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Symantec Virtualization Survey
Symantec Research Reveals Fewer Executives Involved in Planning; IT Managers Remain Pessimistic on Recovery Times

Virtualization driving reevaluation of plans; automation and cross-platform tools needed
Virtualization is the major factor that is causing more than half (55 percent) of respondents globally -- 64 percent in North America -- to reevaluate their DR plans. In some cases virtualization is being deployed for DR purposes and applications and data in virtual environments pose a difficult challenge since processes for physical environments may not work in virtual environments. In addition, native DR tools in virtual environments are immature and don't provide the enterprise-class protection that organizations require. The respondents reported that 35 percent of their virtual servers are not currently covered in organizations' DR plans, and only 37 percent of respondents reported that they back up all of their virtual systems.

Fifty-four percent of respondents listed resource constraints as their top challenge with backing up virtual systems, which points to the need for simplification and automation. Globally, 35 percent of respondents cited too many different tools as the biggest challenge in protecting mission-critical data and applications within physical and virtual environments. Complications with having different tools for physical and virtual environments include higher training costs, operating inefficiencies, greater software costs and workforces that work in silos. Lack of automated recovery and insufficient backup tools came in close second, each with 33 percent.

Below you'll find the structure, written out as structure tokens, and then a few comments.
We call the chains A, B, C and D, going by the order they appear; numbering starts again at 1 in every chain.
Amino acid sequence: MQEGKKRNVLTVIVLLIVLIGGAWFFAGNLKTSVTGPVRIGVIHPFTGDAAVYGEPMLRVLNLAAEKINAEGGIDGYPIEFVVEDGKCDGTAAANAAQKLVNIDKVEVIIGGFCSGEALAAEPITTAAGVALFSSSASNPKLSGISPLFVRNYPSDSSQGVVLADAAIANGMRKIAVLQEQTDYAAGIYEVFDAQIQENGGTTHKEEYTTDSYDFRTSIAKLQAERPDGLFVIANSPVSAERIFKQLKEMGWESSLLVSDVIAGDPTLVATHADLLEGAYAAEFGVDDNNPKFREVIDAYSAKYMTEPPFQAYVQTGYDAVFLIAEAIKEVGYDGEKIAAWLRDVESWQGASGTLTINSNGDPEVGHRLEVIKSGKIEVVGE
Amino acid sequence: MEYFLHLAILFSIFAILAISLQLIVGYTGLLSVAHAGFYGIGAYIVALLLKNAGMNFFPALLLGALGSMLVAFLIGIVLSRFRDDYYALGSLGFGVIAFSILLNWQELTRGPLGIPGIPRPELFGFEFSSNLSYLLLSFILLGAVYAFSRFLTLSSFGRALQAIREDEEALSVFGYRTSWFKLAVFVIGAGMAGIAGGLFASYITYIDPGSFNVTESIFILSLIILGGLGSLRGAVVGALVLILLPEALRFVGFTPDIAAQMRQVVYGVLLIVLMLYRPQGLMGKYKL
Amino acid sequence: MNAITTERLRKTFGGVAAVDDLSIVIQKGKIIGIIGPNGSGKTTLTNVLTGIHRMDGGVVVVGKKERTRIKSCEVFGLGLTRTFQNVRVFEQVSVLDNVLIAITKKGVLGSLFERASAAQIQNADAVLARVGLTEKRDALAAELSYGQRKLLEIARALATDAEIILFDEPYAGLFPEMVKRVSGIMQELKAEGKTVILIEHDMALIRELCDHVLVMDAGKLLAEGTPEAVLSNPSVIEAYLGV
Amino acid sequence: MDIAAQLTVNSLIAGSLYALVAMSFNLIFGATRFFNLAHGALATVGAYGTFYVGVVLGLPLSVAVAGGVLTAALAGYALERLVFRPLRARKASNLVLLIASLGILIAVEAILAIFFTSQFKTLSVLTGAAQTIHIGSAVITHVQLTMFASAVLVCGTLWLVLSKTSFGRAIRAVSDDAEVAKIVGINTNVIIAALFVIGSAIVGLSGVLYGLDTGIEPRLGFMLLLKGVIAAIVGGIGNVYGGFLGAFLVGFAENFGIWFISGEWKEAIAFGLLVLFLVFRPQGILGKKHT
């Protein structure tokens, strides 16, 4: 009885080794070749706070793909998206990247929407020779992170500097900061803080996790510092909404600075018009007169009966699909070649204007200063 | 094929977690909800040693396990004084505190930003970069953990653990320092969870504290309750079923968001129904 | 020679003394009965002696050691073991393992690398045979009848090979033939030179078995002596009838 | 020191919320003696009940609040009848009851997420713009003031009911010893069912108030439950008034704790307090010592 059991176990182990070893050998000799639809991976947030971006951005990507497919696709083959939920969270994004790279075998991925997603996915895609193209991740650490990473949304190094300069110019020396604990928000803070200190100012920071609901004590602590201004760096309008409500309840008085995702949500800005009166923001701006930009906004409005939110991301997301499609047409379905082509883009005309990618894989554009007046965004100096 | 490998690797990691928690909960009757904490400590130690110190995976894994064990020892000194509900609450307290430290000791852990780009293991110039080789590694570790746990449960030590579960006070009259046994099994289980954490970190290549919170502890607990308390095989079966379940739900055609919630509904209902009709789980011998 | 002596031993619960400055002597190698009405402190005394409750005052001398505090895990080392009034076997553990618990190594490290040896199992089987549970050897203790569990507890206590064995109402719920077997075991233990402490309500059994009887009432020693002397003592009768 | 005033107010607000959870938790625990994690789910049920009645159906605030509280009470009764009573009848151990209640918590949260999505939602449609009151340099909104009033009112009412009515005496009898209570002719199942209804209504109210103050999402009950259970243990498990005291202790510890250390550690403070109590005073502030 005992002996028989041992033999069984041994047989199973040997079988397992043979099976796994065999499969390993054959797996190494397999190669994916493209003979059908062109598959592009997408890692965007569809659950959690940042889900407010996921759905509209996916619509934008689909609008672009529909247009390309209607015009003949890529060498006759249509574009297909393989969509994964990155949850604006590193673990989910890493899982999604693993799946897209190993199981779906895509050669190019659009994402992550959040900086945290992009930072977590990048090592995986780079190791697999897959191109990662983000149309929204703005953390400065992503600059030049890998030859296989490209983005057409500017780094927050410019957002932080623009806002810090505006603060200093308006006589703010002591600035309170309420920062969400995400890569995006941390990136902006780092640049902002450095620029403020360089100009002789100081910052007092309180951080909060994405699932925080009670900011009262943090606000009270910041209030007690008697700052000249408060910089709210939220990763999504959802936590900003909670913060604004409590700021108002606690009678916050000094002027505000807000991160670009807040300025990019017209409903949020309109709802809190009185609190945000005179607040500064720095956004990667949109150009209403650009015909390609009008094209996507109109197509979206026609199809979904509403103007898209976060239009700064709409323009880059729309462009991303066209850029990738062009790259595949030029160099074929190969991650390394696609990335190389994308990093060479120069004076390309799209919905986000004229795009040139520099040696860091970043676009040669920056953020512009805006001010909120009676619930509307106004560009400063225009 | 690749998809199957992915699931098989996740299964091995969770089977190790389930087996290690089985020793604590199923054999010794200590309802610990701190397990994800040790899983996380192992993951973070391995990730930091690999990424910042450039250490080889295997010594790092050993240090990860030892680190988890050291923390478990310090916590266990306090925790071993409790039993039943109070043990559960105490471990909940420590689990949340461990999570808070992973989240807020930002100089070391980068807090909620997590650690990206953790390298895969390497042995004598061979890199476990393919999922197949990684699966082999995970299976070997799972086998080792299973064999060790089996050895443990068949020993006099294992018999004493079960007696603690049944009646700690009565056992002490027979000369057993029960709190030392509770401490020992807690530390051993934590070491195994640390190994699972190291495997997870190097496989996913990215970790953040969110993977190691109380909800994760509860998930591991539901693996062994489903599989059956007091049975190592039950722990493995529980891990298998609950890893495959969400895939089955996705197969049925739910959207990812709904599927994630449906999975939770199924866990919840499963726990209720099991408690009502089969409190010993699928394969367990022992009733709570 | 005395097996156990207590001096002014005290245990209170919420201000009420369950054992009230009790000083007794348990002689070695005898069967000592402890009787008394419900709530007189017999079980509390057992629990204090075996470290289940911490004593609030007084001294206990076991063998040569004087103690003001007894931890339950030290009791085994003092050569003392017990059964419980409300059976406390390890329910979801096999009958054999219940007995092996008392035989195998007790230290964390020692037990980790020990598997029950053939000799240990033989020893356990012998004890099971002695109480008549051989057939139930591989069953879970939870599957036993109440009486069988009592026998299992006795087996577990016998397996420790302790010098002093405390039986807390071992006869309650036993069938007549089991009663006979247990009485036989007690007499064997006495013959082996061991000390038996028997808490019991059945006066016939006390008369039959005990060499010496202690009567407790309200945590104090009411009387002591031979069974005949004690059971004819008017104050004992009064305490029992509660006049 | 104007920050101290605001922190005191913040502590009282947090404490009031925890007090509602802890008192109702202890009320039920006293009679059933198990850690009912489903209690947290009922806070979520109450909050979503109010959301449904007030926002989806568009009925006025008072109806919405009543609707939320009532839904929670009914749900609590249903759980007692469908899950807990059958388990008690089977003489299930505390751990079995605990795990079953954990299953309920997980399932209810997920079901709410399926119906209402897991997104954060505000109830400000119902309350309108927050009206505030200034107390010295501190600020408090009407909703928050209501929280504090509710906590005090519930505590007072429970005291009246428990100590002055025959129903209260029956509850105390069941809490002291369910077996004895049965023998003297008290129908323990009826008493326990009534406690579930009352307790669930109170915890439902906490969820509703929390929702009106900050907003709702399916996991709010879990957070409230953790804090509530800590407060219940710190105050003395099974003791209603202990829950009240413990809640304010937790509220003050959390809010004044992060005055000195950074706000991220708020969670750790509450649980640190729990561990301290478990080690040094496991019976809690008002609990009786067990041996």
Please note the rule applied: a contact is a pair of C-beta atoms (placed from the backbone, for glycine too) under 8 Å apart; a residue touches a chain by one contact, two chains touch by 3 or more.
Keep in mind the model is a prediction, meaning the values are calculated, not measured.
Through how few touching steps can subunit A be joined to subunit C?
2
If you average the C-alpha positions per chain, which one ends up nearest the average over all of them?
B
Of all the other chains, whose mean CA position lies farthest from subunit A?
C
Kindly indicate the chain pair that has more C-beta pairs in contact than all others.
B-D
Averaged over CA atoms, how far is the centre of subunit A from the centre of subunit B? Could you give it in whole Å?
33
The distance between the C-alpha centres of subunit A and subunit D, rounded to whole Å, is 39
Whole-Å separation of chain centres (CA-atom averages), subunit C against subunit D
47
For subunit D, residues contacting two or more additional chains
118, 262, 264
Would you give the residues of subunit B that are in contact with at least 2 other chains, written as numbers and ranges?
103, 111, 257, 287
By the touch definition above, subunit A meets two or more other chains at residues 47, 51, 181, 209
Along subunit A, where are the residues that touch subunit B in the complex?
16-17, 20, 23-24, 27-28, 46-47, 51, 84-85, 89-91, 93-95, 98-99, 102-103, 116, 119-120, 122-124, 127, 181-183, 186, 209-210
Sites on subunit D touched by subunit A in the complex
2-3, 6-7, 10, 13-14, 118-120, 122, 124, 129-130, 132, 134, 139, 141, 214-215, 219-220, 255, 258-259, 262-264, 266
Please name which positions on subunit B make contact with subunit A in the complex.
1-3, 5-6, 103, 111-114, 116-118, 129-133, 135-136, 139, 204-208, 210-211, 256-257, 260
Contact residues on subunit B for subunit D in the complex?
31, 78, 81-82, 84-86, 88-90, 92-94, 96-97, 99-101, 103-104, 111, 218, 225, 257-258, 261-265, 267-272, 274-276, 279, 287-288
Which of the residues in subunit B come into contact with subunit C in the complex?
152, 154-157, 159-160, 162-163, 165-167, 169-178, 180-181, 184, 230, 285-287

Respondents report one-third of disaster recovery tests unsuccessful
According to survey data, while having a disaster recovery plan is essential in most organizations today, knowing that disaster recovery plans work is equally important. In 2007, 88 percent of IT professionals polled carried out a probability and impact assessment for at least one threat. In 2008, that number increased to 98 percent of respondents indicating that they have carried out an assessment for at least one threat. However, respondents report that 30 percent of tests fail to meet recovery time objectives (RTOs) with an average global RTO of 9.54 hours.

Respondents also reported the top reasons why their tests failed include: human error (35 percent); technology failure (29 percent); insufficient IT infrastructure (25 percent); out-of-date plans (24 percent) and inappropriate processes (23 percent). Since human error is the greatest problem hindering successful recoveries, organizations should look to automation that will speed recovery and reduce errors and reliance on personnel.

In addition, 93 percent of IT organizations report they have tested their disaster recovery plan since it was created, yet 30 percent of those tests are not fully successful -- improved from 50 percent failed tests in 2007 -- and only 16 percent say that tests have never failed.